I’ve often wondered what would happen if I just said what was really on my mind. Probably some major natural disaster, a combination hurricane/flood/earthquake/fire named Kami. Okay, maybe I’m being a little dramatic. Just a little though.
I know people who do speak their mind, with very little filter, in some instances with no filter at all, ever. People are either afraid of them, avoid them, or talk poorly about them behind their back. I’d prefer none of the above.
Not saying what’s on your mind, not being direct can have some serious consequences. Beating around the bush is great if you’re a hunter looking for that lost quarry, but it’s not such a great thing if you’re trying to communicate with someone.
Is it possible to say, “THIS is what I want,” or “THIS is how I feel” without the listener misunderstanding or being offended by the directness?
Somewhere along the way I learned, or chose, to say things in a roundabout way. The classic, “where do you want to go to dinner?” question is always answered with a “I don’t know, where do you want to go to dinner?” That happens even if I know exactly what I want to eat and where I can find that meal. That happens with every little thing that comes up. Why would anyone do that? Overly concerned about how the other person feels? Poor self-esteem? Group dynamics? A warped sense of self? I don’t know.
I thought by now I’d have some of that sorted out.
Maybe that’s where the writing thing in me comes from. Writing is the way I say all those unspoken things. My best writing, in my opinion, is when I simply let my hands do the work. There’s no filter, no external voices saying, “you can’t say that!” or “what will people say?” It’s just me and the pen and paper. Simply me and the computer screen.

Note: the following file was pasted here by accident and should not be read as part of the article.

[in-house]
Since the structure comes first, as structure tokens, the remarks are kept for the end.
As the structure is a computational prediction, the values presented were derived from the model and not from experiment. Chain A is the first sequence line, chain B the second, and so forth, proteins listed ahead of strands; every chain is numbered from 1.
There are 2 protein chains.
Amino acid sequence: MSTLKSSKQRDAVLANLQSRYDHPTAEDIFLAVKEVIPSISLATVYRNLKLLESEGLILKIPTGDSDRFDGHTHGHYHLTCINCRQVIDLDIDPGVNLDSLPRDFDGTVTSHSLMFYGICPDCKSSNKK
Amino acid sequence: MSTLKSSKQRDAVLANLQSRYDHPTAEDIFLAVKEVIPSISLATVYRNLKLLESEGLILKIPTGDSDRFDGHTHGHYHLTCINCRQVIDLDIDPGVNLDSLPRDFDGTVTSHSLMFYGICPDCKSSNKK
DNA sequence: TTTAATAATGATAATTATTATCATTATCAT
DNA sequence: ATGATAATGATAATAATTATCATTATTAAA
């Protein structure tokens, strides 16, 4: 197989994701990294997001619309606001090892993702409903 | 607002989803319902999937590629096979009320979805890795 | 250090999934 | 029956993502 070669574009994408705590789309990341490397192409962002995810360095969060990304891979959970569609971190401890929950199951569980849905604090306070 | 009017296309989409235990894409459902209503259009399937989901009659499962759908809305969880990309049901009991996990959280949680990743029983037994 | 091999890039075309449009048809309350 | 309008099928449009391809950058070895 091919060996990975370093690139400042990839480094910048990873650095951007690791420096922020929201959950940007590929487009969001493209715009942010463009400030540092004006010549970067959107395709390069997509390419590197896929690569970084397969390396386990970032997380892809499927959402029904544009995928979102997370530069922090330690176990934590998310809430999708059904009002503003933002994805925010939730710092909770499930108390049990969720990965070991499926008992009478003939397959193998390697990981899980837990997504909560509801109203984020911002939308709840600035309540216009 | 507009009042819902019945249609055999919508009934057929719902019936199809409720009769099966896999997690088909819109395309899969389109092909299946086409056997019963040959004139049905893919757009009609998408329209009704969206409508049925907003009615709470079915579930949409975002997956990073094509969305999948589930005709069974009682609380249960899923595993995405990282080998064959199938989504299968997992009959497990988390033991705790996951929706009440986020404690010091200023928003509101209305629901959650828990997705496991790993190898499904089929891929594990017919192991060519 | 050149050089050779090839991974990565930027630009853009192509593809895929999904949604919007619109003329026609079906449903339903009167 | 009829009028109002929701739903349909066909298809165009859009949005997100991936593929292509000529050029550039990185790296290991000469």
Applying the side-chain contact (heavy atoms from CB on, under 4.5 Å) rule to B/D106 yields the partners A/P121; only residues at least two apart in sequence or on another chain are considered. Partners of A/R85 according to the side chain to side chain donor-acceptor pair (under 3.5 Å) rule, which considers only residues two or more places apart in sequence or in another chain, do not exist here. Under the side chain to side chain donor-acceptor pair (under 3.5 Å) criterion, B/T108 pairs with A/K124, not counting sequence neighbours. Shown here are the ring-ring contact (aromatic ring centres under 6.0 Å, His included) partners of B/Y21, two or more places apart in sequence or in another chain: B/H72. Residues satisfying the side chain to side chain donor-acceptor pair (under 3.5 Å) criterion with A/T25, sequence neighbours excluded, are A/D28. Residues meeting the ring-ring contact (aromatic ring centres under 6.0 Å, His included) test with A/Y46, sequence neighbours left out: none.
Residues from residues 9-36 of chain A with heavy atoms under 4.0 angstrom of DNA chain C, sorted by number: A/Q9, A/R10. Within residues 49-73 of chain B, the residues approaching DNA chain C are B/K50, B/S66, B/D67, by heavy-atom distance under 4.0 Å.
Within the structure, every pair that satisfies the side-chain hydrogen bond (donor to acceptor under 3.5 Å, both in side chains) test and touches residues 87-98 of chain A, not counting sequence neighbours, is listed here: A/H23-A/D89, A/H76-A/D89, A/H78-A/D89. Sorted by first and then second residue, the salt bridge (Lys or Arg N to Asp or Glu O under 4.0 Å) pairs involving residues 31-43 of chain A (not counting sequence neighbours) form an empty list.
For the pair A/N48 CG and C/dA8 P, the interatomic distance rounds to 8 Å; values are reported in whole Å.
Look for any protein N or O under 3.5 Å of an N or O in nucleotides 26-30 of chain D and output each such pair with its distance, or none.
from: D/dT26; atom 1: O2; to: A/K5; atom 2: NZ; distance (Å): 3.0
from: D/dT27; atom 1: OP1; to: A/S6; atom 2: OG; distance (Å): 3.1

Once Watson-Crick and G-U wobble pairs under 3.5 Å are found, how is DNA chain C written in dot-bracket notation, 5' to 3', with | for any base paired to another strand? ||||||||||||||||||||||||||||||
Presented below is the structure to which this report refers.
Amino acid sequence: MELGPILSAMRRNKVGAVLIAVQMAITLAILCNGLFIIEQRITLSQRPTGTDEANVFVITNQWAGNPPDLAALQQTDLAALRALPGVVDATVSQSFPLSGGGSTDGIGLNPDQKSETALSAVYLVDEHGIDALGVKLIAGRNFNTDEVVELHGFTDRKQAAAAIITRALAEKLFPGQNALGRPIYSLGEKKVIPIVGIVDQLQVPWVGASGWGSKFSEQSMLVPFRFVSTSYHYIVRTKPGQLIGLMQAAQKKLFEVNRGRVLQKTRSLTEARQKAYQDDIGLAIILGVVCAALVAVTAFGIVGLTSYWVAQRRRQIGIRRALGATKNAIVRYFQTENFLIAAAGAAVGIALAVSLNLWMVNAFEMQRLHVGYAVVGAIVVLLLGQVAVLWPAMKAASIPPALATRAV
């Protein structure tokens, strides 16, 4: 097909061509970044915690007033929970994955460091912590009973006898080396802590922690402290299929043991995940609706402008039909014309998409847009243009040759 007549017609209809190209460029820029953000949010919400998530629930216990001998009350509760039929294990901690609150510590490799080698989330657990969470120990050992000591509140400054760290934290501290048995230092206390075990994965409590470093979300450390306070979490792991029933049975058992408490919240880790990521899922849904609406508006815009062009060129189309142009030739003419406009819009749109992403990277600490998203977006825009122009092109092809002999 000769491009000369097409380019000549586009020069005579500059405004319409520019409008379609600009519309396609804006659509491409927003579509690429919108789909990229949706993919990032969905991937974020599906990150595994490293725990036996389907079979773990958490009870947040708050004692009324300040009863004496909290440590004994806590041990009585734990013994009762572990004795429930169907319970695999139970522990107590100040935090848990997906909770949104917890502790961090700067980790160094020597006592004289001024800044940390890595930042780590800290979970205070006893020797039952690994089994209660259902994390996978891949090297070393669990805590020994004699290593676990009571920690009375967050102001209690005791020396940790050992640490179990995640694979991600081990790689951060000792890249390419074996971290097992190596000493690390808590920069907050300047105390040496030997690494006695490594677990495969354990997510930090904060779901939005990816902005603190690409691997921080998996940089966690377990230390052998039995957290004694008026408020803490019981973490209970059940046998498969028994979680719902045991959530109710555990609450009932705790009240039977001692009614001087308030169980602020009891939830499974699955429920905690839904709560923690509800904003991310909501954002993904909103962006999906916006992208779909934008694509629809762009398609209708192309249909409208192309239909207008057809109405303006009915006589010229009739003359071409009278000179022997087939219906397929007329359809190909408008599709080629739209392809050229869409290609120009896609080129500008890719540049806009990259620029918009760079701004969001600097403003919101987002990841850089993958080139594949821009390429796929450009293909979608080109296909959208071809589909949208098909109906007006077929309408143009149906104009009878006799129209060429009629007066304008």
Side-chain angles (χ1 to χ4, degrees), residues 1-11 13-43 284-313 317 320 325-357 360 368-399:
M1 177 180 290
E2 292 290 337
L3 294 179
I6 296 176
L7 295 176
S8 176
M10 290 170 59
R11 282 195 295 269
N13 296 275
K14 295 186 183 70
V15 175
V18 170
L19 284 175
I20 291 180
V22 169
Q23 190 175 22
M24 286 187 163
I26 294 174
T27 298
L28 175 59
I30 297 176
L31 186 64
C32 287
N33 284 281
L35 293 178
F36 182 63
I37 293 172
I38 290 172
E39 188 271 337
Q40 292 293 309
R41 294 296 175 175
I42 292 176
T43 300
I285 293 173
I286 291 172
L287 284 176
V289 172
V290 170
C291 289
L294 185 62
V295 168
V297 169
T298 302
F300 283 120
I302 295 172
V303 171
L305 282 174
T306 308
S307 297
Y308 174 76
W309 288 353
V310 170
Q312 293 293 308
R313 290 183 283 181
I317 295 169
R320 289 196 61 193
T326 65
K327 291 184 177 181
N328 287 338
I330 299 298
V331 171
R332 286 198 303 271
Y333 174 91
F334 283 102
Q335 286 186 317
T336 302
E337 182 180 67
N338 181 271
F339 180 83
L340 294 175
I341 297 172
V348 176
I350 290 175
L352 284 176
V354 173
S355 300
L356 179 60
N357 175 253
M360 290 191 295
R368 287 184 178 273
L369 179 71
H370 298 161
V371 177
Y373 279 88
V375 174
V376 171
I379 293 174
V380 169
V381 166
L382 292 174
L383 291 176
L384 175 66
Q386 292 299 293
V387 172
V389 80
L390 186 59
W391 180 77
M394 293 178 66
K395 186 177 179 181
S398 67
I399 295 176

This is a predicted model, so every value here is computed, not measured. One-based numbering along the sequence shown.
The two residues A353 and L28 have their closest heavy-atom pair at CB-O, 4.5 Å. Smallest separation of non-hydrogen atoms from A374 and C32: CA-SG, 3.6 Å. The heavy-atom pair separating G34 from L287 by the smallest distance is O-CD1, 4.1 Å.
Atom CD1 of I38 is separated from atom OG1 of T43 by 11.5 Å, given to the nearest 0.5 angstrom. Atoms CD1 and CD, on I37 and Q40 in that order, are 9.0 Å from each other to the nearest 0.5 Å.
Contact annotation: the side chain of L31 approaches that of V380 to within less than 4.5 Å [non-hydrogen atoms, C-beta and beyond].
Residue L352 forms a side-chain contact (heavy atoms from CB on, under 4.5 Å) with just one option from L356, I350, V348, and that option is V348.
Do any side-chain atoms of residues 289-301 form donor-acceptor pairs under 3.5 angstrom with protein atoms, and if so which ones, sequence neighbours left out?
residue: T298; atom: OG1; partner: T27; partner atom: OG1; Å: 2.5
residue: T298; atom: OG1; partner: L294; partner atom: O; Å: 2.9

It’s just me.
Maybe that’s it. When I’m writing, I’m really only trying to communicate with myself.
That’s how it started out when I was young. My head was swirling with emotion and input from the weird world of teenage horrors. Writing it down felt like the only way to make sense of everything.
I could pour out all these thoughts on to the paper like so much sand and dirt and grit caught in my shoes from walking. Then later, I could look at the evidence, investigate the different kinds of detritus that made walking hurt, or uncomfortable or awkward. A chunk of rock would explain a blister; sand caught in my toes would explain the itchy dryness.
Likewise, having my guts spilled out in ink or pencil on the page let me think in a slow methodical way, about what it all meant and how I would act or react to it all.
Sometimes my only conclusion was relief to not have all that stuff in my shoes, all that stuff in my head.
Have you ever felt like there was so much stuff in your head it might seep out, or ooze, or explode or leak? That you might, actually, truly, be going crazy? I did. Sometimes, I still do.
I think some people cry and that takes care of that pent-up emotion. Some people vent by running or being angry out loud. Some saturate themselves with sports, or television or volunteer work, or any of a thousand things. Some simply say what’s on their mind, out loud and unfettered. What an amazing thing to be able to do!
Me? I simply write.
I write it all down. And sometimes, I let someone read it.
Will they think I’m crazy? Will they avoid me in the grocery store? Will they whisper behind my back?
Apparently, that doesn’t matter to me anymore, because here it is, my writing, being presented on a daily basis to the world, or to the twenty to forty people who “hit” my blog.
I can’t think too much about who reads my words and by extension, reads my soul, reads my mind.
It’s a frightening, thrilling ride.
This living out loud thing might be changing who I am.